Archive | The Manifestos RSS feed for this section

Marinetti’s Mess

17 Dec

Trying to pry Futurism from Fascism is not easily accomplished, but Richard Jensen gives it a try in his article Futurism and Fascism where he looks at the intimate relationship that Marinetti had with both.  Although Marinetti was the heart of Futurism, Jensen explores how he was intrinsic to the rise of Fascism’s growth.  He recognizes how Mussolini and Marinetti were involved in the creation of the Fascist movement, but that Marinetti’s disgust towards actions of the Fascist movement caused him to distance himself.  But when Jensen begins to separate Fascism from Marinetti’s Futurist movement based on the level of violence, I believe that Jensen forgot that the 2nd theme of the Futurist programme was “championing of violence and conflict”.



The Work of Art and the Problem of Politics in Berlin Dada

11 Dec

George Grosz and John Heartfield wrote the “Art Scoundrel” in a Berlin Journal called “the Opponent” basically stating the politics of how someone would want to save a painting more than a person.

The article written, began making me think of the degenerate art show in which many people from around the world came to the auction to “protect the artwork”. The Nazi’s at this time had labeled the artwork as less than art and not hardly representational. They preferred artwork that represented the third Reich the best and sold off the ones they deemed less than worthy for their shows. In many instances, people were willing to go much higher than they had originally paid for the pieces.

When thinking of this, it began making me think that those people knew that the Nazi’s were going to be using it for other purposes other than what they said. However, if these people knew what exactly their money was going towards, would they still have bought them? They were told in the beginning what it was for, even though they knew it wouldn’t be for those purposes, but they chose to go to the auction anyways. While many famous works were indeed saved was it worth knowing that these people using their money to benefit the Nazis?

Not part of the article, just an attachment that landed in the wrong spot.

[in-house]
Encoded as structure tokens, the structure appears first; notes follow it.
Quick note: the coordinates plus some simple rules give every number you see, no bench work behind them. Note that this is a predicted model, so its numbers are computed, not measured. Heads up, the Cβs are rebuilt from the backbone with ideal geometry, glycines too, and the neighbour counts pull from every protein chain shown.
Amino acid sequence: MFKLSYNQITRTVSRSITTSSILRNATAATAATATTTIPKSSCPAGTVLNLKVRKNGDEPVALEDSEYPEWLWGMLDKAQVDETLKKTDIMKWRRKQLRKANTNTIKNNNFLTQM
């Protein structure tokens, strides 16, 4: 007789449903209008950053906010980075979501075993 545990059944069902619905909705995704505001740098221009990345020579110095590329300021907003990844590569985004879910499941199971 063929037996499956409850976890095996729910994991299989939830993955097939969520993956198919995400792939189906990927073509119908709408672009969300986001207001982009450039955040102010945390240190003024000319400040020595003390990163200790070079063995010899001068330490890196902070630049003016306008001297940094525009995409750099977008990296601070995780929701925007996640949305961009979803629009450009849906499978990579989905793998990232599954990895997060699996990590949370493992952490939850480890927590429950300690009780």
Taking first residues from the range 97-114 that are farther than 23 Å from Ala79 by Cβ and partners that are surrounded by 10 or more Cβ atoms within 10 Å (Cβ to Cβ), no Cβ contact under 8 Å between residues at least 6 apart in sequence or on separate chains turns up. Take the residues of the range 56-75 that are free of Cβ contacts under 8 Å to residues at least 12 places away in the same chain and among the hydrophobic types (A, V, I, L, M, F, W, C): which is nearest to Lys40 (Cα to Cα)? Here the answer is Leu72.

Frankly, it all comes around and the Dadaists seemed to bring up a moral implication saying, “Is it really worth it?” The Expressionists said yes, the Dadaists and Modernists say no. However, from an artist’s stand point we are taught to put our work above ourselves. The work is an extension of the artist and represents everything we are; it is our portfolio for a commission or a job and is saying, this is who I am. The Expressionists may have been thinking, if you lose the piece you lose the person behind the work. When thinking this way, I could see the how the Expressionists feel, but their motives are entirely selfish in that stance. They are taking something and projecting their own feelings into a piece and making it into essentially a person.

It truly brings up a moral dilemma in how we perceive things and whether or not that object is considered valuable to us by whether or not we can project ourselves into that piece or a certain association with an emotion. The pieces are just oil on canvas, but people tend to over extend their emotions when they feel inspiration or attachment to it.

L. Engle


13 Nov




The Manifestos: Bewildering

13 Nov

A few questions arised as I read Salvador Dali’s The Conquest of the Irrational and André Breton’s Manifesto of Surrealism.

In Dali’s Conquest, the section ‘the waters we swim in‘ concludes that Dali detest all forms of simplicity in art. In the section ‘my fortifications‘ he expands that statement by calling all non-surreal art a regressive process. Surrealism pertains to concrete irrationality and stands as a far more authentic and true process. Under ‘the abjection and misery of abstraction-creation‘ Dali calls abstract art mentally deficient in comparison to the depth of surrealistic work, arguing the one sideness of Gestalt theory is simply a regurgitation of preconceived ideals.

If Mark Rothko can begin his career as a surrealist and evolve into an abstract style, is this considered a lapse by Dali’s standards? Was surrealism the end of artistic evolution to Dali? Could surrealism ever surpass itself?




In Manifesto of Surrealism André Breton defines surrealism as the following: a psychicautomatism in its pure state, by which one proposes to express — verbally, by means of the written word, or in any other manner — the actual functioning of thought. Dictated by the thought, in the absence of any control exercised by reason, exempt from any aesthetic or moral concern.

Art movements are a reaction and reflection of the times they transpire. I do have to wonder if the movement of Surrealism would have existed with out Sigmund Freud’s psychoanalytic research and published works such as “The Interpretation of Dreams.”